In Scene 4 Wotan and Loge tell Alberich it's either the gold or captivity. The dwarf gives up the booty, knowing that as long as he has the ring he can start over from scratch. The ring too -- I must have the ring! Wotan declares. Never! screams Alberich -- you can have it all except the ring. Bollocks! says Wotan, and forces Alberich to give it up, but not before the dwarf places a curse on whoever wears it. The giants return with Freia -- Got the gold? Because one of us is anxious to get busy with the girl. Wotan says Here it is, now give me back my wife's sister so I can have some peace. The giants release Freia, and also demand the ring now on Wotan's finger. A ghostly woman named Erda shows up out of nowhere and tells Wotan he's better off giving up the ring, so he reluctantly turns it over with the rest of the gold. The giants begin to argue over the split. Fafner kills his brother and takes everything for himself. Well, this has been an interesting day, says Loge. This didn't work out as I planned. Let's go to our new home exclaims Wotan. Let us do some flashy stuff to justify our presence exclaim Froh and Donner, summoning thunder, lightening, and a rainbow bridge leading to the front door. As the gods go inside, Wotan looks over shoulder as he walks toward Valhalla, hearing the Rhinemaidens off in the distance asking for the return of the gold. Can't you shut them up? he asks Loge. Loge turns to the audience and says These gods! Such tawdry people! Nothing good will come of this, I'm sure. Oh, well. Major themes: rapacious capitalism may have negative repercussions; relatives suck; don't trust those crafty gods.

Lyric Opera of Chicago is taking on the Ring for the third time, and in what's quickly becoming the norm for most American opera companies, they're the producing the new cycle piecemeal, one opera at a time over consecutive seasons culminating with an entire run in 2020. Das Rheingold opened the company's season this month, conducted by Sir Andrew Davis and directed by David Pountney, who had a huge artistic success with the company in 2015 with Mieczyslaw Weinberg's The Passenger. Aside from it being a new Ring helmed by an admired creative team, there's a lot of interest in Eric Owens' role debut as Wotan, one of the cycle's three central characters.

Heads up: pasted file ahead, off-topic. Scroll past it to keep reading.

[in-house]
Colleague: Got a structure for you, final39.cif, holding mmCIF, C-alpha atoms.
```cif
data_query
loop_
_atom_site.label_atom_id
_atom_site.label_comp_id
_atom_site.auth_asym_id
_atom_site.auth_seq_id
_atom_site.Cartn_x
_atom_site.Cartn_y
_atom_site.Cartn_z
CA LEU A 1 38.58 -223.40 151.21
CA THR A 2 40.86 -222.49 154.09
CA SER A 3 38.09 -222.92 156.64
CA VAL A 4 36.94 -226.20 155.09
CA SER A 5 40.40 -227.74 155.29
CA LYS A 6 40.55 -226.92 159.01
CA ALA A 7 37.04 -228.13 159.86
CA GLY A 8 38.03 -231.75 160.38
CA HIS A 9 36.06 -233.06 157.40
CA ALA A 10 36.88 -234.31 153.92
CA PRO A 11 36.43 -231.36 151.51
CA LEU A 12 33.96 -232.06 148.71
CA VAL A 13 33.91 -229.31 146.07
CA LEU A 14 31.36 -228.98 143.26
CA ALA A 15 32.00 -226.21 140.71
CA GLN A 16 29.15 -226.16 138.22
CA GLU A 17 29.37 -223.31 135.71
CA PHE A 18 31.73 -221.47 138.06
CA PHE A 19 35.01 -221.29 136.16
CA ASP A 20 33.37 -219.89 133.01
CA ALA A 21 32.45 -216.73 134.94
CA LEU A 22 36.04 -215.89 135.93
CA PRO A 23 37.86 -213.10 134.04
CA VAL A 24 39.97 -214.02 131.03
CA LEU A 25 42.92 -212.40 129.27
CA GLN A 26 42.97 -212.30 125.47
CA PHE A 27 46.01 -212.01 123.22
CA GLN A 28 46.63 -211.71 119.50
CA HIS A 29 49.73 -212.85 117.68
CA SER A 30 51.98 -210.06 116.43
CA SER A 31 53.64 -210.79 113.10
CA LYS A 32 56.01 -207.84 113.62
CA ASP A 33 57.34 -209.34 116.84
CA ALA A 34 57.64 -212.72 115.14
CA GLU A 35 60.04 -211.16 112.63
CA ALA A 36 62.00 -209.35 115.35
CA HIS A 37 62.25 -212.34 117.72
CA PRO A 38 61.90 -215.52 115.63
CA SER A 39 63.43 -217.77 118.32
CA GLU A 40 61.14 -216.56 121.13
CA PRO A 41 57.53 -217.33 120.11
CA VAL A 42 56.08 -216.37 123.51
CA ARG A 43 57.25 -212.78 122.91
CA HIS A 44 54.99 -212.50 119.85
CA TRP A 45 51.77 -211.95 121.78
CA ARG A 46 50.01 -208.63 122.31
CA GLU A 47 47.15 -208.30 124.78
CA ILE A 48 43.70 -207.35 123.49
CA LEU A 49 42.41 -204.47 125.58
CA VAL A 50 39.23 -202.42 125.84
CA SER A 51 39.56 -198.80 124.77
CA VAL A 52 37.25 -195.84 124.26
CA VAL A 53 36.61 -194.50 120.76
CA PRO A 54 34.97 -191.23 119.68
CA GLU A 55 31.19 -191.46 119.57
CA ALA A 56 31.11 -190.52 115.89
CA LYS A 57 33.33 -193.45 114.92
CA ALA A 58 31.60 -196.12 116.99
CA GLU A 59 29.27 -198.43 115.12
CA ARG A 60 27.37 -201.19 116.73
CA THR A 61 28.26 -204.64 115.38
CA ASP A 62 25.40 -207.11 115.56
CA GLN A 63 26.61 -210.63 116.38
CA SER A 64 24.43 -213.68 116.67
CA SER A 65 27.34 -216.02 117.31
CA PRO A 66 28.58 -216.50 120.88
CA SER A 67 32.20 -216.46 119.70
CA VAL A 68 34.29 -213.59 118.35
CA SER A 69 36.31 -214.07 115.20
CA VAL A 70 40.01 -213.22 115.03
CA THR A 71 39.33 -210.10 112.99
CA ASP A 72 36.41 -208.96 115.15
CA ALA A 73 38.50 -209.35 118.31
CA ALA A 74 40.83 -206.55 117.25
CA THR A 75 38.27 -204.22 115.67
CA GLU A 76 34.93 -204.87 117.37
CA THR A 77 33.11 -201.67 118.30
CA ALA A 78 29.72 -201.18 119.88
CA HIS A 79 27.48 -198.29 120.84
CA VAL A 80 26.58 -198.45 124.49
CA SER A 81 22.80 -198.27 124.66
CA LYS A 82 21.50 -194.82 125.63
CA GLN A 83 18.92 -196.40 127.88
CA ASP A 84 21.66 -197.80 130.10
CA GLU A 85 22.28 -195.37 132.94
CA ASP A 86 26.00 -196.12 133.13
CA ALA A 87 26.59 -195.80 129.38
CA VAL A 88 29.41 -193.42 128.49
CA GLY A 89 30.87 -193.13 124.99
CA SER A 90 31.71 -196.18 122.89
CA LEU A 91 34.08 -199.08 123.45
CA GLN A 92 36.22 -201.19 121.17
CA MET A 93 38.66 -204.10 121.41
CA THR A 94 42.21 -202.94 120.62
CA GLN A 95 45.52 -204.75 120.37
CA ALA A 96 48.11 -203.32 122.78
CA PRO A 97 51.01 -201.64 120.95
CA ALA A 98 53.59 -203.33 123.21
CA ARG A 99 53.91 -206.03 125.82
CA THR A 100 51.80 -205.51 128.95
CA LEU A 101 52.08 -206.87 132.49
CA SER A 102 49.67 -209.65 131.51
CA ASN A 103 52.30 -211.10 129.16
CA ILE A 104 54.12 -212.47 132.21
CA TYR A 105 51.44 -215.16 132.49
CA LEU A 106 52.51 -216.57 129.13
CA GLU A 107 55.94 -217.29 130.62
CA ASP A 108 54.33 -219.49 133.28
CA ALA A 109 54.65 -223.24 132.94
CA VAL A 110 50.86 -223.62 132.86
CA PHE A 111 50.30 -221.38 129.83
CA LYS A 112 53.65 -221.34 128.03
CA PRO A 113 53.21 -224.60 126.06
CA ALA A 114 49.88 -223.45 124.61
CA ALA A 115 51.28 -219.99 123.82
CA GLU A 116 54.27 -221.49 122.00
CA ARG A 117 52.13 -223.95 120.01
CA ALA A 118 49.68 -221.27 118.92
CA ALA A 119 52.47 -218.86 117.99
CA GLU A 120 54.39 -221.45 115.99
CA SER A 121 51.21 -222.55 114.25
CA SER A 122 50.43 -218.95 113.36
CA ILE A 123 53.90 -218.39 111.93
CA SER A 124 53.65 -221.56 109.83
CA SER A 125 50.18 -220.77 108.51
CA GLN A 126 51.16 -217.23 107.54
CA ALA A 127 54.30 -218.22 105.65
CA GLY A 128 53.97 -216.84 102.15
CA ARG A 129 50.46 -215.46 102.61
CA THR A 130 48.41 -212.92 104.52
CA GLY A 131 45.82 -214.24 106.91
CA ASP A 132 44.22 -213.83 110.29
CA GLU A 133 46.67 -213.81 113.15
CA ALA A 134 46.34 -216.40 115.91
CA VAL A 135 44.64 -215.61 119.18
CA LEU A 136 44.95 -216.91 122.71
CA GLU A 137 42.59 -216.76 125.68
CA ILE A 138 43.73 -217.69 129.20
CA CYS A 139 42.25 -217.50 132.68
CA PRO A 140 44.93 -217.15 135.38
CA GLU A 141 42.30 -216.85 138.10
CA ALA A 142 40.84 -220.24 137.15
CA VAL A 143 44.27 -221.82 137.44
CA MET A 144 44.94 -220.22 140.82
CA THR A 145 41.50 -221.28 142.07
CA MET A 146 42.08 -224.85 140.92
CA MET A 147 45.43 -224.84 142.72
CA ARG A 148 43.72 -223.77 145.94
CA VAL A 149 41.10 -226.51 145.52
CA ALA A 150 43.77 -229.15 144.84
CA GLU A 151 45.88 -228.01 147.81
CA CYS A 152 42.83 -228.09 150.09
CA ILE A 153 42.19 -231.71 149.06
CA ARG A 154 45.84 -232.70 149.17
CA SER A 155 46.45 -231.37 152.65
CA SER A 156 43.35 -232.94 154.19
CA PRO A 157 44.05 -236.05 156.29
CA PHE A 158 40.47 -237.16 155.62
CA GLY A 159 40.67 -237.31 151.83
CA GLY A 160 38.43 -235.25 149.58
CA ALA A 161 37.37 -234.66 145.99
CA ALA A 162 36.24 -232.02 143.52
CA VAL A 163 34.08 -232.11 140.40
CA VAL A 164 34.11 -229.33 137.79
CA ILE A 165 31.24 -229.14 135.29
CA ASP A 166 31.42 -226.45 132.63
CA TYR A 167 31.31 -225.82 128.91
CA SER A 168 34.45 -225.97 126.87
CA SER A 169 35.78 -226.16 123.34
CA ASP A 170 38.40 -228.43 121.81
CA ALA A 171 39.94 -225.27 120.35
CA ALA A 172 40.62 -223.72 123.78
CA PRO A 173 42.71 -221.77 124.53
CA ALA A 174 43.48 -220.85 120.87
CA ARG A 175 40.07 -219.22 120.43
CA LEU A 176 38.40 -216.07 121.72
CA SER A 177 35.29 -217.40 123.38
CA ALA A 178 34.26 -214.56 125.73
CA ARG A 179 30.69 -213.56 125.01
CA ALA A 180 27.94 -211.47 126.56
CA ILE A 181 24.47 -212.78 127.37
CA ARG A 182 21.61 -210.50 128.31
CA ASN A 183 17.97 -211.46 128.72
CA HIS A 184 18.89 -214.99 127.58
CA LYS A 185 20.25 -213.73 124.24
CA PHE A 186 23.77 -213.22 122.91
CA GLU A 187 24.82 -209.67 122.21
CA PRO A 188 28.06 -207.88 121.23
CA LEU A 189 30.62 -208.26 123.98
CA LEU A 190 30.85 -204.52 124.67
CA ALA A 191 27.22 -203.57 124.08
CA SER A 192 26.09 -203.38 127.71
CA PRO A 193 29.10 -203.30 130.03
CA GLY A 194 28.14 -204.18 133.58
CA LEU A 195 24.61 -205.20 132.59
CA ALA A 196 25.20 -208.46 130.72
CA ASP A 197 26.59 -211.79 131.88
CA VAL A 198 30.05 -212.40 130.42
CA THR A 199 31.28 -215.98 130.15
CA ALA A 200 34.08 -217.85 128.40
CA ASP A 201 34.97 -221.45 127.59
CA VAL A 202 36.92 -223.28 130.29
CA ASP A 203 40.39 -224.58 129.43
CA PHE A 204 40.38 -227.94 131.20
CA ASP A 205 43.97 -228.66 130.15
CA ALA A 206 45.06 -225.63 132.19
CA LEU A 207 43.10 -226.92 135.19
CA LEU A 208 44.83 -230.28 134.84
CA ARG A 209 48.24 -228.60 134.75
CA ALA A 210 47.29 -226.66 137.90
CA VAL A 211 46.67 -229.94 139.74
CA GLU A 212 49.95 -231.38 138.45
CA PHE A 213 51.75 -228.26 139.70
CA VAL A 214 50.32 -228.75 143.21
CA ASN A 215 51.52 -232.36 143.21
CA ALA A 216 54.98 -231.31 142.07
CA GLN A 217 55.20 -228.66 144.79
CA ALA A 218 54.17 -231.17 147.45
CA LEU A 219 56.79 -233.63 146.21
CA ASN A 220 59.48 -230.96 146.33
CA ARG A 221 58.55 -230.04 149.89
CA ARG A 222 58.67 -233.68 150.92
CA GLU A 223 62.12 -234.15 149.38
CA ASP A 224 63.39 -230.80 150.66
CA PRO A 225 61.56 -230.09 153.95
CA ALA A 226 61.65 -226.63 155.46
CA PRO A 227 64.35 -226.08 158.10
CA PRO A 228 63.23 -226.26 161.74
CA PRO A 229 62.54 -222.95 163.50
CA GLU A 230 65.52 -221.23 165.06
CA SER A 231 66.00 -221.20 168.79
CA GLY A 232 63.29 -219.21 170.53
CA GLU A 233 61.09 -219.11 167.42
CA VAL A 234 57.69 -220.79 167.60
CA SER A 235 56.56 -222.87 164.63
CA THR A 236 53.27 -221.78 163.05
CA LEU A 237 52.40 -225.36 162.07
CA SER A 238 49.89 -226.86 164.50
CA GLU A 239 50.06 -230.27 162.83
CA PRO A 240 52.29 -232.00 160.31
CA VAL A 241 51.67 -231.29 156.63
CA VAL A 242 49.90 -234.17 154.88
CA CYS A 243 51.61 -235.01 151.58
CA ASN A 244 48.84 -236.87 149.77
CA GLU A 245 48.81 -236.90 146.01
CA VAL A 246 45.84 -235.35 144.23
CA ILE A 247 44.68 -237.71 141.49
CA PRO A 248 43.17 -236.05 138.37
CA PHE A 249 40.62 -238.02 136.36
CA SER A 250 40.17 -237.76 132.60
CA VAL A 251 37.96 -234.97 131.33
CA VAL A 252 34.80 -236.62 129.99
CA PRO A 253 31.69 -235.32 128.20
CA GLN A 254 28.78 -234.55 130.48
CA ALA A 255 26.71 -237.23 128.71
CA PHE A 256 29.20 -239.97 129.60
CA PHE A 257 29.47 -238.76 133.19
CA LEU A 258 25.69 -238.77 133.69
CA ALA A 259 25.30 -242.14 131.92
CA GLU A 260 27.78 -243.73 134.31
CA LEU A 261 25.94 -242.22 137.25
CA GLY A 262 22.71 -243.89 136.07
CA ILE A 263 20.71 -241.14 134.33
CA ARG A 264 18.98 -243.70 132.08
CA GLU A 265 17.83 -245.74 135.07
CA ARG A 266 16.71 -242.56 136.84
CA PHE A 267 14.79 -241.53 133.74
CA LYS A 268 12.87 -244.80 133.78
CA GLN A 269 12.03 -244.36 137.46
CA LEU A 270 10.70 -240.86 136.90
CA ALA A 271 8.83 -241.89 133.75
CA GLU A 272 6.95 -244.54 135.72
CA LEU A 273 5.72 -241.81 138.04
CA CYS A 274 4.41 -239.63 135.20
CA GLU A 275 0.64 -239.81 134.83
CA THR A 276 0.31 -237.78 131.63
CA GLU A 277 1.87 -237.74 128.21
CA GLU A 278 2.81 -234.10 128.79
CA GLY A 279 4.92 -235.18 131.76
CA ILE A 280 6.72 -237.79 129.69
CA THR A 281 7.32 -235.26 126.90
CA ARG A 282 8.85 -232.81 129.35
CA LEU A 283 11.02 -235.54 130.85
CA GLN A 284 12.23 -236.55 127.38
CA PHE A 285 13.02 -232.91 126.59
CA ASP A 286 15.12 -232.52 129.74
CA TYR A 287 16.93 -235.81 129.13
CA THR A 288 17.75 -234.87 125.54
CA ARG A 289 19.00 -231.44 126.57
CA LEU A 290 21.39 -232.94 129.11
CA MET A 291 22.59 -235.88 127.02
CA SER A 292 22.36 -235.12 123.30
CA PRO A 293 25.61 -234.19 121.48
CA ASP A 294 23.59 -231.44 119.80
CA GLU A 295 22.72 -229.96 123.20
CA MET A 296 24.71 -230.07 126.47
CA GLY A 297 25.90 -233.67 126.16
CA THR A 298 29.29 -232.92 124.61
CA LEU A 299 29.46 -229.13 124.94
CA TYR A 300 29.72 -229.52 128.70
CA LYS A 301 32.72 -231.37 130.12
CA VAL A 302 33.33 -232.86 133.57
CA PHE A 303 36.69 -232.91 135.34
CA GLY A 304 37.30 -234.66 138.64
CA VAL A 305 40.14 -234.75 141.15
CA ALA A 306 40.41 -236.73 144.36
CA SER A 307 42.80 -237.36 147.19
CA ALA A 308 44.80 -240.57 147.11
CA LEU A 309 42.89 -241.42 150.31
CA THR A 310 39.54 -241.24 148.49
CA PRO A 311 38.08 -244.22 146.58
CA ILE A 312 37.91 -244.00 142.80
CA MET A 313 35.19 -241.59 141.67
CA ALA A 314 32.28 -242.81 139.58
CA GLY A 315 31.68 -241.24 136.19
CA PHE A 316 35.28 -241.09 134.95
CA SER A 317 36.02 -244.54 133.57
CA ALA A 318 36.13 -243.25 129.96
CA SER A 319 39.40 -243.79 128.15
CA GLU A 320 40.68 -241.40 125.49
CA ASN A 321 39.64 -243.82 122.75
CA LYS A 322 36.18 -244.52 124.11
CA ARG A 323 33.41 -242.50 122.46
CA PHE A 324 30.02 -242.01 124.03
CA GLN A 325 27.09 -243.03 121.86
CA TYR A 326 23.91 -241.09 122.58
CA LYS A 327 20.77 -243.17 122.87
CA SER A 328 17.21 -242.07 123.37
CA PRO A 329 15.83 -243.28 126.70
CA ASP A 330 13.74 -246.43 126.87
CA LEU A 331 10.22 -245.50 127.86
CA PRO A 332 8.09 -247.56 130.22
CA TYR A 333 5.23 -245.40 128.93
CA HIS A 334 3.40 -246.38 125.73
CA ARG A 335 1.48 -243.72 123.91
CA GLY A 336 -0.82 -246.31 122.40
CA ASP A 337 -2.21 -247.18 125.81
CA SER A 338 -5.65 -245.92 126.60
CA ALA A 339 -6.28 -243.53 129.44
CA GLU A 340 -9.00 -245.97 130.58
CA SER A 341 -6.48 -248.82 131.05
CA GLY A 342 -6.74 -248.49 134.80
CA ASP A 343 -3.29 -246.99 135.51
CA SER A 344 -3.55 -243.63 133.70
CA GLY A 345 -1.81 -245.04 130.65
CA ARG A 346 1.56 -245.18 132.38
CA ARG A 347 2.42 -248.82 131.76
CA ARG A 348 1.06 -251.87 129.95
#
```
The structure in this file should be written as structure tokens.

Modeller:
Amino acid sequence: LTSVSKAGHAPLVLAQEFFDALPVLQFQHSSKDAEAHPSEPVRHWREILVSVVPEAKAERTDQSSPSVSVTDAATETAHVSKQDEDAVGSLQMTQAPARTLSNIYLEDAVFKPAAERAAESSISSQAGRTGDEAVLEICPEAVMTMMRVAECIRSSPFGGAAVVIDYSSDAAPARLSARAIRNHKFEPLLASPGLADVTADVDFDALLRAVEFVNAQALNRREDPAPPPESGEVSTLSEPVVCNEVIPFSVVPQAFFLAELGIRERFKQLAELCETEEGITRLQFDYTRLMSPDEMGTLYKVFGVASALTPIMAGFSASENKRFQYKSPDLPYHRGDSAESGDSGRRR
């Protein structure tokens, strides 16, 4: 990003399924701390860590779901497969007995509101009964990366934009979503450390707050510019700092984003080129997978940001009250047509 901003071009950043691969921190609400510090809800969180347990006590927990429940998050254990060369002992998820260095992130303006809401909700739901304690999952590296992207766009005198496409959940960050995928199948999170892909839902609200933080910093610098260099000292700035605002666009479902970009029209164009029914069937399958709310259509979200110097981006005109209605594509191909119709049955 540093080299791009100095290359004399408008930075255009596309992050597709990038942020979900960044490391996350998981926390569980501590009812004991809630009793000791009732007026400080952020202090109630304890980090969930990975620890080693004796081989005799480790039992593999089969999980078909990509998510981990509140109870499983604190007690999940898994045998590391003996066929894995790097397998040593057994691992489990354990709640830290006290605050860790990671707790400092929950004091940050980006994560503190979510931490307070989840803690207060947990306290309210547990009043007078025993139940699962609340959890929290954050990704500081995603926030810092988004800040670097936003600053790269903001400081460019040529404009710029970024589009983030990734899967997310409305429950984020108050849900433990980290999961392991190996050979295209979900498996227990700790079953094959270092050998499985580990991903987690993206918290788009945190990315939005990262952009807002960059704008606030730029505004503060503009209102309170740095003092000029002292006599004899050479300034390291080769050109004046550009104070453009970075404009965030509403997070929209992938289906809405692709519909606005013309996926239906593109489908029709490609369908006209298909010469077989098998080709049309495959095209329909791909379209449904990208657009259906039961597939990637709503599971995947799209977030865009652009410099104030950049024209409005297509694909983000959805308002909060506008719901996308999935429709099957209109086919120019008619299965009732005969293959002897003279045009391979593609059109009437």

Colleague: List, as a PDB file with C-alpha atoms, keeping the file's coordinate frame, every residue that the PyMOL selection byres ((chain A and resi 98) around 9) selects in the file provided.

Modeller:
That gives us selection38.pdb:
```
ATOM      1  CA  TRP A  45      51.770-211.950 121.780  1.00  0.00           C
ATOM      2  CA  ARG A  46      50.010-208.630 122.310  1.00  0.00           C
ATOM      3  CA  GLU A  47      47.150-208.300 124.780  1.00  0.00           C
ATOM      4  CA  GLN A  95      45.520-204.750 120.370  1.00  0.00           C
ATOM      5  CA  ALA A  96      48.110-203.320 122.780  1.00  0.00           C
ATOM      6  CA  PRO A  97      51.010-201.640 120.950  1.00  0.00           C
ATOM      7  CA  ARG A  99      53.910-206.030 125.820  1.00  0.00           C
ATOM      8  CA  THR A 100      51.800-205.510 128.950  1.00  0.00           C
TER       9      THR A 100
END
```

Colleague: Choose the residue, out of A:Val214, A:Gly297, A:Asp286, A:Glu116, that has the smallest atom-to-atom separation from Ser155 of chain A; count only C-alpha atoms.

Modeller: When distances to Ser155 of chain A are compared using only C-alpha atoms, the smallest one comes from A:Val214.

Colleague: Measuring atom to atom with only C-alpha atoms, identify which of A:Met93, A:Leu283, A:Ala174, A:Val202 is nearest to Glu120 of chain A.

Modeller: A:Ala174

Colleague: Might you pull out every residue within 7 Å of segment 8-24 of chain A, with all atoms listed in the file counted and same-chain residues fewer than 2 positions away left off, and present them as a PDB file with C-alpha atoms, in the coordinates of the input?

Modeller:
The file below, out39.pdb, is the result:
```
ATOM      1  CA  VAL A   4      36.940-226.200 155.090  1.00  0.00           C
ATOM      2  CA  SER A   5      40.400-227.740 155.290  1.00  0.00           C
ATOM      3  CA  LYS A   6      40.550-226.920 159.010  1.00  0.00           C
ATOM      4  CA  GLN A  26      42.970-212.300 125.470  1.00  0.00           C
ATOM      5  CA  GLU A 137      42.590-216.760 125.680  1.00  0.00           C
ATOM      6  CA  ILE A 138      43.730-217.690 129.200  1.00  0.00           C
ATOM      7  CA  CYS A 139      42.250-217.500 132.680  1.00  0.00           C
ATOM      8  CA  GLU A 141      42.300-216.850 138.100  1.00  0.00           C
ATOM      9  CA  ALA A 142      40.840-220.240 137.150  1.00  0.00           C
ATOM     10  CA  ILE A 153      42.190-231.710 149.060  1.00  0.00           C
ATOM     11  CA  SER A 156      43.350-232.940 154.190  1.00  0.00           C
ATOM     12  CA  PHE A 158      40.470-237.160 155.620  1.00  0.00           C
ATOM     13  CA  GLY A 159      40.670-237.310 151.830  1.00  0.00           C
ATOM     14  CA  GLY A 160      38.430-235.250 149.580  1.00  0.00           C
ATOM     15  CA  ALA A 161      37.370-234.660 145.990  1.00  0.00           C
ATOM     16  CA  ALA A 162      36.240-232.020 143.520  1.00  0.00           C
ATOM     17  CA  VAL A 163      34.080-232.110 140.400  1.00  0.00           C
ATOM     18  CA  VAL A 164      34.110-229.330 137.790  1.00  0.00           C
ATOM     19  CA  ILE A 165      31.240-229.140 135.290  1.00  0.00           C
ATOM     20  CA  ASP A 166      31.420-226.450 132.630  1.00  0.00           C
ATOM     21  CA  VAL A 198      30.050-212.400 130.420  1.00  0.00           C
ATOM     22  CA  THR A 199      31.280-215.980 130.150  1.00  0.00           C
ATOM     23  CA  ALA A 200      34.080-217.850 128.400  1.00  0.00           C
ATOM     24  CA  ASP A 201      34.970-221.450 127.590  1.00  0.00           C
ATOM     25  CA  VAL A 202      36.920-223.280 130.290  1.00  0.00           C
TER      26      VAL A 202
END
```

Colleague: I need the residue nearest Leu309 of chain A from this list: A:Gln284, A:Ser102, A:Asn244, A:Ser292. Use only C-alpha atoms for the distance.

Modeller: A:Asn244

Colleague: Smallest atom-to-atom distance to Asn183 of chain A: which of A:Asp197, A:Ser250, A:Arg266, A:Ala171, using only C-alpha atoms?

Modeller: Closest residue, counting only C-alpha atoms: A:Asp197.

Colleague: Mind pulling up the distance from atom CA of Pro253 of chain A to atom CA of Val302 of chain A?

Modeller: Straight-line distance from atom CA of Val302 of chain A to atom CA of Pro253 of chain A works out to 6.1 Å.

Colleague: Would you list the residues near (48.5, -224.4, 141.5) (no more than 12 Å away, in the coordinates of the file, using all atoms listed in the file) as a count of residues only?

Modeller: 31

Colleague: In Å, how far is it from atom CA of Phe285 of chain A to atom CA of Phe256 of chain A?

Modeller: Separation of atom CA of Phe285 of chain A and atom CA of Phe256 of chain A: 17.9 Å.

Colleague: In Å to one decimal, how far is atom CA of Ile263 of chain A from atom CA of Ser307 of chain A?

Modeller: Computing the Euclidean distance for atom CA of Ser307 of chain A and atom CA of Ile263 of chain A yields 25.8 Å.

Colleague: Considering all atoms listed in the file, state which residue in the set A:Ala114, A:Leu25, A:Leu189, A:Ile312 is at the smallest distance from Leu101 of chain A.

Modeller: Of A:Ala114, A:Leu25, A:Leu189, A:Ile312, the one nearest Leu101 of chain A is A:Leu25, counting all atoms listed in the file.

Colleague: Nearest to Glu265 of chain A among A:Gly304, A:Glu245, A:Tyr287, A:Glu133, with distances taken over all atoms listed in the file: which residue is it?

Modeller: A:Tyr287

Owens pretty much owned the Met's recent Ring directed by Robert Lepage (the one with the notoriously difficult and malfunctioning "machine") with his staggeringly powerful portrayal of Alberich, overshadowing Debra Voigt's long-awaited debut as Brunnhilde and Mark Delavan's largely forgettable Wotan. The Lepage Ring wasn't the first time Owens created a big buzz in a role -- he's had tremendous success as the lead in Porgy and Bess and productions of John Adams' Dr. Atomic, among others, but his turn as Alberich substantially boosted his profile in the opera world, so while any Ring Cycle is news to Wagner devotees, the casting of Owens as Wotan, along with the presence of American soprano Christine Goerke in the central role of Brunnhilde, creates an interest in the Lyric's Ring that's several degrees higher than usual. And let's not fail to mention the unintended but nevertheless immeasurably pleasing irony of having an African-American singer take on one of Wagner's greatest roles.

However, the narrative elements and concision that make Rheingold an appealing stand-alone piece can also make it problematic as a glimpse into what's ahead when opera companies use the staggered approach to creating Rings; designed by Wagner as a prelude of what's to come, it's primarily driven by the actions of two characters, Alberich and Loge, who mostly recede into the background during the remaining operas. Two of the three central characters, Brunnhilde and Siegfried, are nowhere to be found, and in Rheingold the nature and source of Wotan's conflicts (which create the compelling emotional centers of both Die Walküre and Götterdämmerung) are essentially prosaic in their baseness, now especially magnified by the current political climate. That's not to say there aren't opportunities for Wotan to telegraph what's ahead to the audience, but there's precious little of that on view in the Lyric's opening chapter since Owens' Wotan, here at least, lacks gravitas, and more importantly a sense of conscience, shown here in the shockingly savage way he wrests the Ring from Alberich's finger. Maybe that moment is the takeaway for those trying discern the tone of Poutney's production, but if that's the case by the time we get to the Gibichung Hall in Götterdämmerung people will might well be talking about the "Grand-Guignol RIng" and I doubt that's on tap. Still, Pountney's Rheingold places Wotan in the middle of an ensemble, not at the center of it.